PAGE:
Recent IBM global surveys reveal some interesting insights regarding innovation. For example, according to the company, one survey found that 76 percent of the world’s top 750 CEOs said collaboration and partnering is critical for driving innovation, and that external partners, rather than internal R&D, account for nearly a third of the companies’ total quantity of ideas. In another survey, executives from small and medium businesses (SMB) stated that keeping a business innovative takes more than product innovation. It lists customer service (66 percent), partner/supplier collaboration (41 percent) and access to global markets (34 percent) as the most instrumental areas of focus to keeping a business innovative.
In response to these findings, IBM has taken a giant leap forward with respect to both how it manages access to its coveted brainpower and how it supports SMBs, in particular. For the first time, IBM business partners will be able to tap into one of the company’s most valuable assets—the intellectual capital represented by the scientists and engineers in its world-class $6 billion research division. Starting mid-year, qualified business partners will have the opportunity to collaborate with IBM’s leading researchers and industry experts to develop, market and sell more innovative solutions to a broader range of clients, including both the large enterprise as well as mid-market segment, according to the company.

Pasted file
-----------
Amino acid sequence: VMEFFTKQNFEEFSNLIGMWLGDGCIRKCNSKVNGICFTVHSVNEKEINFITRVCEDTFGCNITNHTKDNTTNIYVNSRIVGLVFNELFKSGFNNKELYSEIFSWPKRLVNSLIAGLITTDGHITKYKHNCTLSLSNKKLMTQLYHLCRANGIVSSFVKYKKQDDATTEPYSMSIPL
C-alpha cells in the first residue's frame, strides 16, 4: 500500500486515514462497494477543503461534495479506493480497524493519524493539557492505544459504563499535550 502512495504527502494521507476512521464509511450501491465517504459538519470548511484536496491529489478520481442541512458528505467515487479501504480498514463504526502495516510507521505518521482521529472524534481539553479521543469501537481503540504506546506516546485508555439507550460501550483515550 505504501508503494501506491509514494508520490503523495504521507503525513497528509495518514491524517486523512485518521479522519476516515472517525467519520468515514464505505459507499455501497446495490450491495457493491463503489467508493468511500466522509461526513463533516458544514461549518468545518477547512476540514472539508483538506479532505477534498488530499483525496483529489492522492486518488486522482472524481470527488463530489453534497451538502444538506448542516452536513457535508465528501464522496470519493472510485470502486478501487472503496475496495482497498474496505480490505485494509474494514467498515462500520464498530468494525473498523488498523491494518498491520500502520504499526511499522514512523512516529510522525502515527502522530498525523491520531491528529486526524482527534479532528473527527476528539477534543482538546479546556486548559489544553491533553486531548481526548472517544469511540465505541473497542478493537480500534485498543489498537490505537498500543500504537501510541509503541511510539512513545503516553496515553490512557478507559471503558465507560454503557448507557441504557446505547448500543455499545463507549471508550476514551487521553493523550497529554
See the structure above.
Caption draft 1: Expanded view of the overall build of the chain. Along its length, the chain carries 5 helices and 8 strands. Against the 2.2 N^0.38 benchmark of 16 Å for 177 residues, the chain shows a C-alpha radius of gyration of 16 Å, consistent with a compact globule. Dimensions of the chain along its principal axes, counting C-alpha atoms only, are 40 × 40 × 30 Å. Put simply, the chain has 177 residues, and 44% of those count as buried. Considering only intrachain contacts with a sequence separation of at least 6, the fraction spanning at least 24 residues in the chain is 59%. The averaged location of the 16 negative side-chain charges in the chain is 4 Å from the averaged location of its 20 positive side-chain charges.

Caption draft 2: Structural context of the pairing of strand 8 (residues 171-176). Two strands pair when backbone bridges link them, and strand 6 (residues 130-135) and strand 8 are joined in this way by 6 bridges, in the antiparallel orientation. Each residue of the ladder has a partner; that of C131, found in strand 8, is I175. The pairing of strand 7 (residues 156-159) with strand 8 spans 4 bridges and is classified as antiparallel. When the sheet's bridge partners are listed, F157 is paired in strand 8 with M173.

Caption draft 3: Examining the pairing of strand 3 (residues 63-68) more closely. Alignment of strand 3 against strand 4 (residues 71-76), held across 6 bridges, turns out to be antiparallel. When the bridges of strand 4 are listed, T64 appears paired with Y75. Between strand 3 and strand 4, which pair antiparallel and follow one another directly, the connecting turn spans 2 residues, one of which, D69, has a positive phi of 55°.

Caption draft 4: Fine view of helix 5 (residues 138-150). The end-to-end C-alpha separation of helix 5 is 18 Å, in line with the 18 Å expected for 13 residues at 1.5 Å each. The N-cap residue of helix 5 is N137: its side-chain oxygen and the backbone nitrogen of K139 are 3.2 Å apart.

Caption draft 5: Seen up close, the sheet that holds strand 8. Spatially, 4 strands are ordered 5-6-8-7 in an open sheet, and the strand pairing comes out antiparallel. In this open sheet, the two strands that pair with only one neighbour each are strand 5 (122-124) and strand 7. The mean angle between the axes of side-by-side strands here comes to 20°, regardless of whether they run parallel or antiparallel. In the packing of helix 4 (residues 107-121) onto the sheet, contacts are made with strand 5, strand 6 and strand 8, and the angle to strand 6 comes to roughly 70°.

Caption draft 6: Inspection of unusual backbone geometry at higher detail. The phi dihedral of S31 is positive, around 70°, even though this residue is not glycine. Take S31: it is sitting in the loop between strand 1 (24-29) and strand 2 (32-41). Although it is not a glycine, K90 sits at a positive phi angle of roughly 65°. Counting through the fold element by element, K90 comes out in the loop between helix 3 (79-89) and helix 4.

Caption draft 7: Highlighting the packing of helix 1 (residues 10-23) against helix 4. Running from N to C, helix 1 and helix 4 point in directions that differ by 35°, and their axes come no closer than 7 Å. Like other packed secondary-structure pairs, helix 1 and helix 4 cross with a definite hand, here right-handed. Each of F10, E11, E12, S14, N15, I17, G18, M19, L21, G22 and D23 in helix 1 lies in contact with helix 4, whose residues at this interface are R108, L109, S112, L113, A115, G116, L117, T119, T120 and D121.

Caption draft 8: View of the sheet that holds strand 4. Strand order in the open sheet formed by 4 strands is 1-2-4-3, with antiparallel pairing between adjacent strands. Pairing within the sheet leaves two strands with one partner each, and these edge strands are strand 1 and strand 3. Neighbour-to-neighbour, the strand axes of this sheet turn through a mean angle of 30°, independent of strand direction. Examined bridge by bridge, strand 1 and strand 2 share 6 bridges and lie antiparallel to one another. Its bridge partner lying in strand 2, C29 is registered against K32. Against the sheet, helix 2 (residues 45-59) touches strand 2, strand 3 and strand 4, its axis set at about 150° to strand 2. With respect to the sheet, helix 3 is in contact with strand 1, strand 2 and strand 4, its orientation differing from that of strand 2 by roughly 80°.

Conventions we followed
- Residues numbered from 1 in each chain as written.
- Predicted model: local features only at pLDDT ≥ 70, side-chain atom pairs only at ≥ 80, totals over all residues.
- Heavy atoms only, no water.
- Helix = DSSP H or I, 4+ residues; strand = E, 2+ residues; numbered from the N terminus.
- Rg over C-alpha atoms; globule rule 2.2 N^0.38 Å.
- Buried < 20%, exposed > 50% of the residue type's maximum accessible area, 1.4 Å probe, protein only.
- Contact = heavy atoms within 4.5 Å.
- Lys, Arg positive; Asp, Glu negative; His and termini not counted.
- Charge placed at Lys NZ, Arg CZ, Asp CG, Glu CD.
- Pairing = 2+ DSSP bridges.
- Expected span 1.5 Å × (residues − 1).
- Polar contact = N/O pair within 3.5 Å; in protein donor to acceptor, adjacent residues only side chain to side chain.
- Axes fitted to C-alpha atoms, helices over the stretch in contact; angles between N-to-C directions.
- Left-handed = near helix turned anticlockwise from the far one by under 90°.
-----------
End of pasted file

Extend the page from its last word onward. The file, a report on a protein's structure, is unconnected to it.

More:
IBM has also expanded the annual investment of its innovation centers to $250 million, targeting up to 40 new innovation centers worldwide in 2006. As part of this initiative, IBM plans to provide each business partner innovation center with a technology advocate who is an executive or technical leader in that community with extensive product knowledge. Their role will be to establish long-term, one-on-one relationships with selected accounts to provide customers with a window into IBM’s development community and accelerate the production of customer-generated solutions.
While remaining customer-driven and research-oriented, the IBM of today differs from the IBM of yesterday in that it is more focused on identifying ways to drive growth externally — in particular, through collaboration and by capitalizing on opportunities available on the global front . With such initiatives in place, the company appears well positioned to move forward and live up to its latest promise to customers, “It’s a good time to be an innovator.”